Men tell me things they don’t tell anyone else. I mean, it’s my job to listen to people tell the stories of their lives. And a lot of those people are men, and sometimes they say wildly sexist things, but it’s because these are their true beliefs. It’s not my job to enlighten them, and I never do. It’s my job to write a book about who they are, with no judgment. And trust me, I’ve written books for a lot of men whose beliefs are pretty wacky, but I’m glad it’s not my job to force them into the cage of what to me constitutes logic and reason. That seems like a really hard job. The same thing happens with female clients, also, of course. I’m just not blogging about that right now. The men I write books for tend to be very confident about their beliefs. That’s why they want to write a book about it, so…
My job is to listen, and that’s what I do. It’s listening with a little bit of talking.
One client recently gave me a spiel about “how men are” versus “how women are.” I’ve heard it a million times. So have you. He was speaking literally about dancing, but also other stuff: “Women are meant to follow! Men are meant to lead!” And so forth. Here’s the thing about that—
Note that I’m not speaking “as a feminist,” I’m speaking, actually, as a dance teacher.
I used to teach ballroom dancing, so I know how to lead and follow, and I’ve taught both men and women to do both. The truth of the matter is that among intelligent people who are actually trying to learn: women can be great at both leading and following but men suck at following across the board, without exception. They are so bad at it that women always let them lead, because it would be torture to try to dance any other way. Make no mistake about it, men: when you lead, as a dancer, a lot of women are humoring you.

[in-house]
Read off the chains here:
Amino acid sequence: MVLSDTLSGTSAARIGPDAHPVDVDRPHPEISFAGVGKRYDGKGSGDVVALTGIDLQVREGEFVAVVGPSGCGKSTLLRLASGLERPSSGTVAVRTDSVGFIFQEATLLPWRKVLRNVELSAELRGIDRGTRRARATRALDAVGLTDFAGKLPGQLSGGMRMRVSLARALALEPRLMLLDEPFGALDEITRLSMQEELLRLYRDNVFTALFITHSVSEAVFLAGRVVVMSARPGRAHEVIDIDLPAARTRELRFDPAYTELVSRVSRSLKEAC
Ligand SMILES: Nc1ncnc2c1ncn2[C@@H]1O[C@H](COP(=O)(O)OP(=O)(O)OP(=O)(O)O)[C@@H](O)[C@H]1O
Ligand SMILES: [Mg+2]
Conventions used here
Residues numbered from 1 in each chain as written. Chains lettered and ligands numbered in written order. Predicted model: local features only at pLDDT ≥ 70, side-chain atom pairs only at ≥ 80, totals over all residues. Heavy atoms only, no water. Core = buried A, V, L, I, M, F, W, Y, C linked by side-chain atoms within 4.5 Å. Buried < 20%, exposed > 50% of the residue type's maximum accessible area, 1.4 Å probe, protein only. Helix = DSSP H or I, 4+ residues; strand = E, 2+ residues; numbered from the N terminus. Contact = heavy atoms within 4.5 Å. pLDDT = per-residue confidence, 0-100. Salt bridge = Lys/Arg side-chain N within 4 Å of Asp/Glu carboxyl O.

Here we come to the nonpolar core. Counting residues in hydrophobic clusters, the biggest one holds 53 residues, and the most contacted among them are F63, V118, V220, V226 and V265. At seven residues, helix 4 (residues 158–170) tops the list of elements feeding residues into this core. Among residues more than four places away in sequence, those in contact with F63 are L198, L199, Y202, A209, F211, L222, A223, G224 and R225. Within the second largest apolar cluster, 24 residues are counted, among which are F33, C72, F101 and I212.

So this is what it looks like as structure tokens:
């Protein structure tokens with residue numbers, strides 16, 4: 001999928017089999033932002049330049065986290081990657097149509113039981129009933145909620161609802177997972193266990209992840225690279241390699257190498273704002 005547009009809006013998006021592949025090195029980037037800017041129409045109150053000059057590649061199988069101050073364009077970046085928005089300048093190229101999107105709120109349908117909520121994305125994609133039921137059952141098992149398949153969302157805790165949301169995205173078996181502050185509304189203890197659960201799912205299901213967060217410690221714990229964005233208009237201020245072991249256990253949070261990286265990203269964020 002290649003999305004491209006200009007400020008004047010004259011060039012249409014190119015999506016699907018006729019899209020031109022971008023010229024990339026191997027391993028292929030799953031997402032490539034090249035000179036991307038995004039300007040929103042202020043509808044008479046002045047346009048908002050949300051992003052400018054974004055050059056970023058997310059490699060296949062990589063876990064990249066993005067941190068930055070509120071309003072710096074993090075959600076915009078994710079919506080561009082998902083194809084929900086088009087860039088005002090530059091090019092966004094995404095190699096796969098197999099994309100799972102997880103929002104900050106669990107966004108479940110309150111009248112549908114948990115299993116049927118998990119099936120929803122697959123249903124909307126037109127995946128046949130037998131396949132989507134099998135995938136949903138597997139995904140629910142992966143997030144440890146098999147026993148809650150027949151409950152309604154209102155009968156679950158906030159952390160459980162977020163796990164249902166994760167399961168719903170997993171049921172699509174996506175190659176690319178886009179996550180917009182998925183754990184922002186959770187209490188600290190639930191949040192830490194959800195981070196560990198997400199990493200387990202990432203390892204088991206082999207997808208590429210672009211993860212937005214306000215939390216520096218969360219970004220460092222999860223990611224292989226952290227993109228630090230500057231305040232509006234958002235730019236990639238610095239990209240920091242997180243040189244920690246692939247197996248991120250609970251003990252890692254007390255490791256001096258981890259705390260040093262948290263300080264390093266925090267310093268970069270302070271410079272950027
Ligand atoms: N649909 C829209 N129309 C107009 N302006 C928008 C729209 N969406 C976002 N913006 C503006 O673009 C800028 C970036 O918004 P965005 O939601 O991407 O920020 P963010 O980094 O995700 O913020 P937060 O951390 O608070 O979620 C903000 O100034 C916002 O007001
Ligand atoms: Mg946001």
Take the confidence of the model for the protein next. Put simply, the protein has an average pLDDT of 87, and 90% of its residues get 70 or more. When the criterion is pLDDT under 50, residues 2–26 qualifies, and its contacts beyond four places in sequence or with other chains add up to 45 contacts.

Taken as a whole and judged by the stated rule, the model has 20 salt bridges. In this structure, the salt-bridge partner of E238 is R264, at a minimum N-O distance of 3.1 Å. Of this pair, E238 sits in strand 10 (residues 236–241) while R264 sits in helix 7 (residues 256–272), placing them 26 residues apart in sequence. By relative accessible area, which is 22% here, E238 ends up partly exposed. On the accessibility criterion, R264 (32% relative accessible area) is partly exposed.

Women “code switch” all day long in their lives.
As a parent, you lead, you lead, you lead … then you follow. As a businesswoman you lead your company, you follow your client, you lead your company, you follow your client. As an artist, you lead and follow your creative muse. Anyway, one would think men would also experience this phenomenon, but if dancing is any test of it, they just don’t. So men go through life thinking “men are better leaders,” when in reality, they’re just worse followers. I’m just saying that as a dance teacher, not a philosopher. Philosophically, you can make what you will of this, but it’s a fact. What does this have to do with ghostwriting? Well, I’m going off on a bit of a tangent, here, but interviewing clients has a strong lead/follow quality to it, so you can probably find some parallels here, if you’re looking.
Essentially, in dance, leading is a lot of talking with a little bit of listening.
And following is a lot of listening with a little bit of talking. Those little bits, though, are the difference between good and great dancers. I have attempted to teach men to follow, and it’s fascinating how it turns their freaking minds inside out. The trust and surrender required to walk backward, unseeing, through a crowded dance floor, navigating based only on miniscule physical cues from your partner is the first insurmountable hurdle. But the very concept of keeping your body in a state of pinpoint agility, where listening causes you to react in the moment to everything your partner says with their body, without questioning it, that’s the thing that’s completely bananas for men. I’ve never taught a man to be good at it, but I’ve gotten men to the point where…
they appreciate what following is: all the listening with that little bit of talking.
At that point, they improve their ability to hear the little bit of talking that comes with the follower’s listening, and that makes a big difference in their leading. Meanwhile, his spouse is smiling that smile that means, “Whip this boy into shape, would you?” and I smile the one that means, “I can get him to the point of hearing your occasional talking,” and she does the eye-roll that means, “That’s all I really need to enjoy the trust and surrender part of it,” and I do the one that means, “Sister, I know.”